Incredible new 4K footage shows Titanic wreckage in highest quality ever

Customers paid $250,000 for a seat on the Titan submersible (Picture: OceanGate Expeditions)

New video footage shot in the highest resolution shows the wreckage of the Titanic in a completely different light.

It reveals details that have not been seen since the sinking of the ship in 1912, including the “Noah Hingley & Sons Ltd” written on the port anchor.

Shot in approximately 8,000 pixel wide (8K) resolution, the clip shows off a stunning new level of detail and color.

Crew members from excursion company OceanGate Expeditions were able to zoom in on specific areas of the wreck while maintaining 4K quality.

This is essential for projects involving large screens and allows researchers to study marine life on deck and observe how quickly the ship is breaking down.

The camera also caught dramatic evidence of the decay where part of Titanic’s rail collapsed and detached from the ship.

Researchers and “mission specialists” explored the wreck of OceanGate’s carbon fiber and titanium submersible, Titan.

The vehicle is designed to seat five people and can dive to depths of around 13,123ft – about the same as the Titanic’s resting place.

The new images allow researchers to study the rate at which the Titanic is breaking down (Picture: OceanGate Expeditions)

Pictures from an expedition in 1998 show how far the quality has improved (Photo: Reuters)

The expedition, beginning in May and ending in June, included eight days at sea, with passengers being charged $250,000 for a seat, $125,000 more than the previous year.

Customers and archaeologists jumped aboard an expedition ship in St John’s in Newfoundland, Canada, and were taken 370 miles to the site of the wreck – discovered in 1985, 73 years after the sinking of the ship.

OceanGate’s groundbreaking footage was shared on its YouTube channel for the first time earlier this week.

In a statement, company president Stockton Rush said: ‘The stunning detail in the 8k images will help our team of marine scientists and archaeologists more accurately characterize Titanic’s decay as we capture new images in 2023. and beyond.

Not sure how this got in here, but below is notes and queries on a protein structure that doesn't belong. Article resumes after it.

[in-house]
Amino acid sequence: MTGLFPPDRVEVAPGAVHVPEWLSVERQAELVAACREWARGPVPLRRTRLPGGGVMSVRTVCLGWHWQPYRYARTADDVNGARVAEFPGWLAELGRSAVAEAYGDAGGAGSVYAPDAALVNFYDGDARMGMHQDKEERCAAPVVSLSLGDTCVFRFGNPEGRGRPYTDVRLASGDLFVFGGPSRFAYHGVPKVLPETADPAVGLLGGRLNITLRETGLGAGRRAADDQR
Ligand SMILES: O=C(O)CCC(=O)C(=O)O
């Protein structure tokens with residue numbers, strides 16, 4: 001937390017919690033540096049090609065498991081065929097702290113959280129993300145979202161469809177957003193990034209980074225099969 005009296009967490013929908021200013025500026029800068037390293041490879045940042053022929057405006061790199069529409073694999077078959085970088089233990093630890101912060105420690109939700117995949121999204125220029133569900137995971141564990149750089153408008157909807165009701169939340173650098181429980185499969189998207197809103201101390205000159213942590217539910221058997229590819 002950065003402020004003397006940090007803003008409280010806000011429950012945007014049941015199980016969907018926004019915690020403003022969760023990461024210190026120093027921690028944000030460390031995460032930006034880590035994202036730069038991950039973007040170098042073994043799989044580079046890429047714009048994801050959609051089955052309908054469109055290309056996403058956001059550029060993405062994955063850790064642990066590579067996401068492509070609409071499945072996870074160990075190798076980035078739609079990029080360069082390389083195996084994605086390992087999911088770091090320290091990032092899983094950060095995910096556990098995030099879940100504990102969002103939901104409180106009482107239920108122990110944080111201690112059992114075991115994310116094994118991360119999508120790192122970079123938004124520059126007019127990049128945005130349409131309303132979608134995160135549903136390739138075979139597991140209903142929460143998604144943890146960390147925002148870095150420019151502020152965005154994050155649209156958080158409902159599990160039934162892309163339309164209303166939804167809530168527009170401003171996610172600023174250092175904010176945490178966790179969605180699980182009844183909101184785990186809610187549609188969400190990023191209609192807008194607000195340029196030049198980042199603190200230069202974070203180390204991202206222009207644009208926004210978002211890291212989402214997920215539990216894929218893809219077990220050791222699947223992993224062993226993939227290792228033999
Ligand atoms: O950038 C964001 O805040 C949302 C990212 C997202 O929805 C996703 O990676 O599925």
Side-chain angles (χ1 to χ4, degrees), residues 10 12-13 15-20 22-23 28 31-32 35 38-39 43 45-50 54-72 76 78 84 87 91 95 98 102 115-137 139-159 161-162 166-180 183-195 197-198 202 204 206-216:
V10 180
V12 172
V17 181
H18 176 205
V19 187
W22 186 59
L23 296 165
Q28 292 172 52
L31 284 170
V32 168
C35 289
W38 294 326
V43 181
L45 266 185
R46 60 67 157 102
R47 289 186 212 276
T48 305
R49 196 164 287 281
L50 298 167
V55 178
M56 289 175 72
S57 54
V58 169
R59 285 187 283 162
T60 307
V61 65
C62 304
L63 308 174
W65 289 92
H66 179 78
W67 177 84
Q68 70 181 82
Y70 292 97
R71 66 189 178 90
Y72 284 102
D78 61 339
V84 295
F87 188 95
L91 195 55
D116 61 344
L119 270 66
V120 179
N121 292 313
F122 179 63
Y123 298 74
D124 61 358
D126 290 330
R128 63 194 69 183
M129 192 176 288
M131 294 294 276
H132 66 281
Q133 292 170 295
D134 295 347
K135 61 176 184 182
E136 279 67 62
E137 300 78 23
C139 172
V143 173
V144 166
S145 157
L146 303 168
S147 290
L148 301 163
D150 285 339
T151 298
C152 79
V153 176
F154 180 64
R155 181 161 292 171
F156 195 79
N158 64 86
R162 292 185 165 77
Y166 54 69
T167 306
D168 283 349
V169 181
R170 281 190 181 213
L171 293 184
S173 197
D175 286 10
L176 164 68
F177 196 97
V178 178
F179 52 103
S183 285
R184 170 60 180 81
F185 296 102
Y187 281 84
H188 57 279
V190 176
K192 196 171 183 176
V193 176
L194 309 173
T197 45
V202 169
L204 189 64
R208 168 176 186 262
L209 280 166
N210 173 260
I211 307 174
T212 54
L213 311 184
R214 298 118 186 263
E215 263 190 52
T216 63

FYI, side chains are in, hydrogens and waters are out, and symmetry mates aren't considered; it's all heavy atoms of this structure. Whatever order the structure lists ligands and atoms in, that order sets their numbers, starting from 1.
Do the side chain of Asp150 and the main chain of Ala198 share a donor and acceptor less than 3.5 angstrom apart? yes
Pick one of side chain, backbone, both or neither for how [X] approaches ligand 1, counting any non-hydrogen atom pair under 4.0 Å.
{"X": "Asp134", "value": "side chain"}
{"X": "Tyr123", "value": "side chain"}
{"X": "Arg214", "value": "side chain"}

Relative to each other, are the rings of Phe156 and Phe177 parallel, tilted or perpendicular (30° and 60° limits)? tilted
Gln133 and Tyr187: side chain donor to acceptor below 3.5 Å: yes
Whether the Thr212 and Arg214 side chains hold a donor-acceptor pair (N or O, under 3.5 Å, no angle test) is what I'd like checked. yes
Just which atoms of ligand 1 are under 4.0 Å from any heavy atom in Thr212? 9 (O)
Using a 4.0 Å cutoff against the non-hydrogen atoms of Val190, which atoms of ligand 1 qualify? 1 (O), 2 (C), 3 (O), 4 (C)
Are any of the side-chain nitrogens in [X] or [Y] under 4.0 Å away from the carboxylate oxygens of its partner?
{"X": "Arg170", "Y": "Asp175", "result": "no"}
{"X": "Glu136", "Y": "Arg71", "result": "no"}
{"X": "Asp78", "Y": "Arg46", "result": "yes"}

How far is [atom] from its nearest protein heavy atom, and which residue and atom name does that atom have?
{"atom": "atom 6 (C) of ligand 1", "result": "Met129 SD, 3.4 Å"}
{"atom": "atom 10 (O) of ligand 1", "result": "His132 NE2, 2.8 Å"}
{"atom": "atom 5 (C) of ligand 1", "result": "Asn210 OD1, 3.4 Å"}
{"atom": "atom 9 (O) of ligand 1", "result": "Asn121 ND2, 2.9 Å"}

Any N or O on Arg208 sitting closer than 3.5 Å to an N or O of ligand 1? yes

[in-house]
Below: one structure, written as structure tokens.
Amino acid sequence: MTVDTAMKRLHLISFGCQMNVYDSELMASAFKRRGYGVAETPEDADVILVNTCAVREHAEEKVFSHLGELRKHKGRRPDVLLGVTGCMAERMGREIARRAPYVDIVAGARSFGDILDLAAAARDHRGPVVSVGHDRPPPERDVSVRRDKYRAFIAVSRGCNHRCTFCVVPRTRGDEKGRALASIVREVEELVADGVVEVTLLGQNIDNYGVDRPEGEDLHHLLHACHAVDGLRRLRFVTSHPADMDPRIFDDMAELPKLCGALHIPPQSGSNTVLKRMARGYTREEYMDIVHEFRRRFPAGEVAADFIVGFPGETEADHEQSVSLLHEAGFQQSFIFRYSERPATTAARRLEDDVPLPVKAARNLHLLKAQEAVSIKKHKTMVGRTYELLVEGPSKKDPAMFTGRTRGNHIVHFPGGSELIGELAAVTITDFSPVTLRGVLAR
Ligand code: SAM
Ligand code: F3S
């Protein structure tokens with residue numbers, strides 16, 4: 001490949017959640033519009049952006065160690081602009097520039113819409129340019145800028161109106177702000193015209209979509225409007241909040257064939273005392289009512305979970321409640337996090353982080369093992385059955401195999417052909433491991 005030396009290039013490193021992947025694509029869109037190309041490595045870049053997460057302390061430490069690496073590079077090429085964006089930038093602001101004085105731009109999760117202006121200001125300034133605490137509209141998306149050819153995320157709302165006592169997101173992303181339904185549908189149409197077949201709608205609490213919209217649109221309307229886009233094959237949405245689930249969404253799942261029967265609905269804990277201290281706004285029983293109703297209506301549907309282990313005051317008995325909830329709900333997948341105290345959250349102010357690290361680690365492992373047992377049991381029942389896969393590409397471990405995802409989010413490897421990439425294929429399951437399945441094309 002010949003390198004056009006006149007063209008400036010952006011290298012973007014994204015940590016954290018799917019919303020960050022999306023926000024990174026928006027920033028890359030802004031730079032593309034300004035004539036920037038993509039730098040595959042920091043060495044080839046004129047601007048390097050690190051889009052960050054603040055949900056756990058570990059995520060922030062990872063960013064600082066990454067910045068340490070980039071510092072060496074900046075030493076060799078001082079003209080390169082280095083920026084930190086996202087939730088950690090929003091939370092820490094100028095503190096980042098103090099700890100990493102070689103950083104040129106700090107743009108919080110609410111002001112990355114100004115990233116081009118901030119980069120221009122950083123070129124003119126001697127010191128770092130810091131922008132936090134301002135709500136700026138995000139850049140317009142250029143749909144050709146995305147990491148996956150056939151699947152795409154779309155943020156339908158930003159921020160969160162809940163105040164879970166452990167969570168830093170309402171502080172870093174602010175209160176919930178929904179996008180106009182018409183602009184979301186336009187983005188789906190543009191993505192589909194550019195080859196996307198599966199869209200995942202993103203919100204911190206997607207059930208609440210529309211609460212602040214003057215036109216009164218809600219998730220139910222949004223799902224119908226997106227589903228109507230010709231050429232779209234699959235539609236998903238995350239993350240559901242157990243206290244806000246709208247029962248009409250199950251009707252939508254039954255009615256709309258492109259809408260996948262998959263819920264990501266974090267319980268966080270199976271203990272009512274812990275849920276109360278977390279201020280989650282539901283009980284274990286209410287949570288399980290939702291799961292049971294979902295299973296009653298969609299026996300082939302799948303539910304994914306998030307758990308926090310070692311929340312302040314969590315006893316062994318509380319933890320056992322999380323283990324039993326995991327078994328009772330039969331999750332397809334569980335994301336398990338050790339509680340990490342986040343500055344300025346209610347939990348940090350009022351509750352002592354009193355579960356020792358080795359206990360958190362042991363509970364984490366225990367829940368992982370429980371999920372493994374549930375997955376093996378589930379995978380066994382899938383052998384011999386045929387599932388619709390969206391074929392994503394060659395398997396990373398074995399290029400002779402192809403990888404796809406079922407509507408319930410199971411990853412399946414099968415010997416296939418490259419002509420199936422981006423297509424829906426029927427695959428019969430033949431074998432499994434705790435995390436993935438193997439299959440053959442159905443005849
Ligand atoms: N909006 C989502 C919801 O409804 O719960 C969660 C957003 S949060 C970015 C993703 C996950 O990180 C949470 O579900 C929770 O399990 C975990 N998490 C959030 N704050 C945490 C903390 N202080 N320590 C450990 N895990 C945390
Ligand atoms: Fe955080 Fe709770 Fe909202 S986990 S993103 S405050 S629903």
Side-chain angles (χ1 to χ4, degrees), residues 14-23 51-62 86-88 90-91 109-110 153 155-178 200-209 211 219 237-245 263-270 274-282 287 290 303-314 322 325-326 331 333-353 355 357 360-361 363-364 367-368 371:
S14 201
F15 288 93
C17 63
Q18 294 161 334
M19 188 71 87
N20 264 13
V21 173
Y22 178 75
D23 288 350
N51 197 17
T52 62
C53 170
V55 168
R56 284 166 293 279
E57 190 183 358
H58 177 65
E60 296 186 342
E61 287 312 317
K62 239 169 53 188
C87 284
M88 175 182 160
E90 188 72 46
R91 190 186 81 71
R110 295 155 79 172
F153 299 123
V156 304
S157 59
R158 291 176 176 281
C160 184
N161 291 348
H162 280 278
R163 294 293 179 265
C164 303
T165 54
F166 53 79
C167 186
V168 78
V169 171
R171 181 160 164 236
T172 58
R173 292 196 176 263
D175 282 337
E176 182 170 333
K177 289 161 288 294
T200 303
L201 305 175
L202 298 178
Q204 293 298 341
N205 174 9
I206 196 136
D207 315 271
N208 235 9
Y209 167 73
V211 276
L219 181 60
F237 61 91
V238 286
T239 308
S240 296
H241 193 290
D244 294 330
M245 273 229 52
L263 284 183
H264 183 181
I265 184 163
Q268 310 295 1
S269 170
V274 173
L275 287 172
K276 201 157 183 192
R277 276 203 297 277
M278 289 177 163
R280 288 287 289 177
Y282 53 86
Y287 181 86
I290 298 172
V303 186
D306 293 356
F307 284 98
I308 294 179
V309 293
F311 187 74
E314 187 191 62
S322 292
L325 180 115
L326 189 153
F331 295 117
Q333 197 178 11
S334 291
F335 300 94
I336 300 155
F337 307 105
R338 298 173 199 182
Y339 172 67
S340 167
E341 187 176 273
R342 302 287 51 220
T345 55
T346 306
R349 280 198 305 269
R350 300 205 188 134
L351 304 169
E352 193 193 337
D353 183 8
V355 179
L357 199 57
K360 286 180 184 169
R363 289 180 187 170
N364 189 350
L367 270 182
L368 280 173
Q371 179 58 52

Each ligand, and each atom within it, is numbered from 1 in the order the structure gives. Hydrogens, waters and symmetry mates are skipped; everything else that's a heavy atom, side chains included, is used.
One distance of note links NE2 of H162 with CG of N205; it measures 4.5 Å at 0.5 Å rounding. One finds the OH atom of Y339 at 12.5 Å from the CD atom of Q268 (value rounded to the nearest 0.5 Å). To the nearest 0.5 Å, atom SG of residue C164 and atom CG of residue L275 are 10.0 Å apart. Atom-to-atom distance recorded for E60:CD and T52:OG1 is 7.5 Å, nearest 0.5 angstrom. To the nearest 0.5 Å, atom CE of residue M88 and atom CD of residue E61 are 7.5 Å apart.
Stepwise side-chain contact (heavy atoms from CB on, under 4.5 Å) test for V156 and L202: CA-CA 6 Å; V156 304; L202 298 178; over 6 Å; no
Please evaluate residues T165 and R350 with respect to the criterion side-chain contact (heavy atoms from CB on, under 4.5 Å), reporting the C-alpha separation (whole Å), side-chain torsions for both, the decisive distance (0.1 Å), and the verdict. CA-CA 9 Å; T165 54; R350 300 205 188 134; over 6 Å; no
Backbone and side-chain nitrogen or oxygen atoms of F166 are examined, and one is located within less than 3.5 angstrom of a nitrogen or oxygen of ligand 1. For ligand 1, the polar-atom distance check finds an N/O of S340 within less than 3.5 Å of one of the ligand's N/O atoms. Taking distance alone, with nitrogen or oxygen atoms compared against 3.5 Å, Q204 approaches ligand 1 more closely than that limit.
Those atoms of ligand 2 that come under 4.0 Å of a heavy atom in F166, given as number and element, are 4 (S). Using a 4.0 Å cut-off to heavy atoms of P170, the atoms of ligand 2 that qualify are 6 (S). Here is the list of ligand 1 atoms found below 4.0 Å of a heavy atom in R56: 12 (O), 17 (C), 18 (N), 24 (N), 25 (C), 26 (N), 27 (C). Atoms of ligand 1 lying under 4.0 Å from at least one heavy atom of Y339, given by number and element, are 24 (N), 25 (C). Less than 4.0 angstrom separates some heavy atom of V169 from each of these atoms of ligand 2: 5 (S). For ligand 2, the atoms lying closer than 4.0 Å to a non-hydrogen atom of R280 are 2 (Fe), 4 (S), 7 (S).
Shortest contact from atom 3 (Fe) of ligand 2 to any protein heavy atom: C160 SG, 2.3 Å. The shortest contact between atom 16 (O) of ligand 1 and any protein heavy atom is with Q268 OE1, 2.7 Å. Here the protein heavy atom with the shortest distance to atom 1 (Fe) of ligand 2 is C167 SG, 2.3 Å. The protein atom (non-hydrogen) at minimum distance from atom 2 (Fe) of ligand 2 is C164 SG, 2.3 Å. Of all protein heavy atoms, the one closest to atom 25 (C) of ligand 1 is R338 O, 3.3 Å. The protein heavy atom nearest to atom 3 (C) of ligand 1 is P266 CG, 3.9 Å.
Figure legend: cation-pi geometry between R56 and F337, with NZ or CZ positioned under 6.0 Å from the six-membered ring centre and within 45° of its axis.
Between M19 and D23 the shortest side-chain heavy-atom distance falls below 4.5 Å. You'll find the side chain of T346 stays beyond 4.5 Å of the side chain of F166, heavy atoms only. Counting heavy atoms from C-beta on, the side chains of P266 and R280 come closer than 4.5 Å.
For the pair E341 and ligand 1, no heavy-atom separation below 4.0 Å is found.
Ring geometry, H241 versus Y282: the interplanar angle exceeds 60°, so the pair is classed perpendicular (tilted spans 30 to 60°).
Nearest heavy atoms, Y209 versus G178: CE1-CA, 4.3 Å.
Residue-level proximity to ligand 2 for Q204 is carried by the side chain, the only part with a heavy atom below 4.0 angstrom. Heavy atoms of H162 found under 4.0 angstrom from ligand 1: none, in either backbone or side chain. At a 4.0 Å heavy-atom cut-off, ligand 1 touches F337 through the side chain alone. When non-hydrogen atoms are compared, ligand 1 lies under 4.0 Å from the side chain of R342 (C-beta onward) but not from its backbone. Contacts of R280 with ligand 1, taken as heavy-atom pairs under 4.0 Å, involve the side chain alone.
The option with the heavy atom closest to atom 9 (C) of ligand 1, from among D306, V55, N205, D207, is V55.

“Capturing this 8K footage will allow us to zoom in while maintaining 4K quality, which is critical for widescreen and immersive video projects.

“Even more remarkable are the phenomenal colors in these images. Comparing footage and images from 2021, we see slight changes in some areas of the wreckage.

The Titan is designed to hold five people and go to depths of around 13,000ft (Picture: YouTube)

The Titan is designed to hold five people and go to depths of around 13,000ft (Picture: YouTube)

8K footage shows the Titanic in a new spectrum of detail and color (Picture: YouTube)

8K footage shows the Titanic in a new spectrum of detail and color (Picture: YouTube)

“Our science team will review 8k, 4k and other footage captured during the Titanic 2022 expedition for any changes.

“Having experts on board the Titan submersible when we dive allows them to assess the wreck by direct observation, guide our exploration of the various features of the wreck, and further their study using imagery.

“We see new details in this footage. For example, I had never seen the name of the anchor manufacturer, Noah Hingley & Sons Ltd., on the port anchor.

“I’ve been studying the wreck for decades and done several dives, and I don’t recall seeing another image showing this level of detail.”

Rory Golden, a Titanic expected for OceanGate who has completed multiple dives at the wreck site, says it’s “exciting” to uncover new details that “weren’t so obvious” using previous generations of technology .

“One of the most stunning clips shows one of the asymmetric boilers that fell to the ocean floor when the Titanic broke in two,” he added.

The White Star Line liner RMS Titanic embarks on its ill-fated maiden voyage.

The ship set sail in April 1912 but sank on its maiden voyage (Photo: Bettmann Archive)

OceanGate is already planning its Titanic expedition in 2023 (Photo: YouTube)

OceanGate is already planning its Titanic expedition in 2023 (Photo: YouTube)

The images allow researchers to zoom in on parts of the ship without affecting the quality too much (Picture: YouTube)

The images allow researchers to zoom in on parts of the ship without affecting the quality too much (Picture: YouTube)

“Notably, it was one of the single-ended boilers that was first spotted when the wreck of the Titanic was identified in 1985.”

The unparalleled images should help determine Titanic’s decay rate as future expeditions capture new images that can be compared year after year.

With the help of scientists, the video will also support the identification of species observed on and around the Titanic and archaeologists will be able to document elements of the wreckage and debris field in more detail.

The company is already planning the Titanic 2023 expedition which will embark in May 2023.

Aspiring explorers interested in supporting the expedition should contact OceanGate Expeditions for qualifications, availability and additional details.

Contact our press team by emailing us at [email protected]

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. Incredible footage shows Titanic wreckage highest quality

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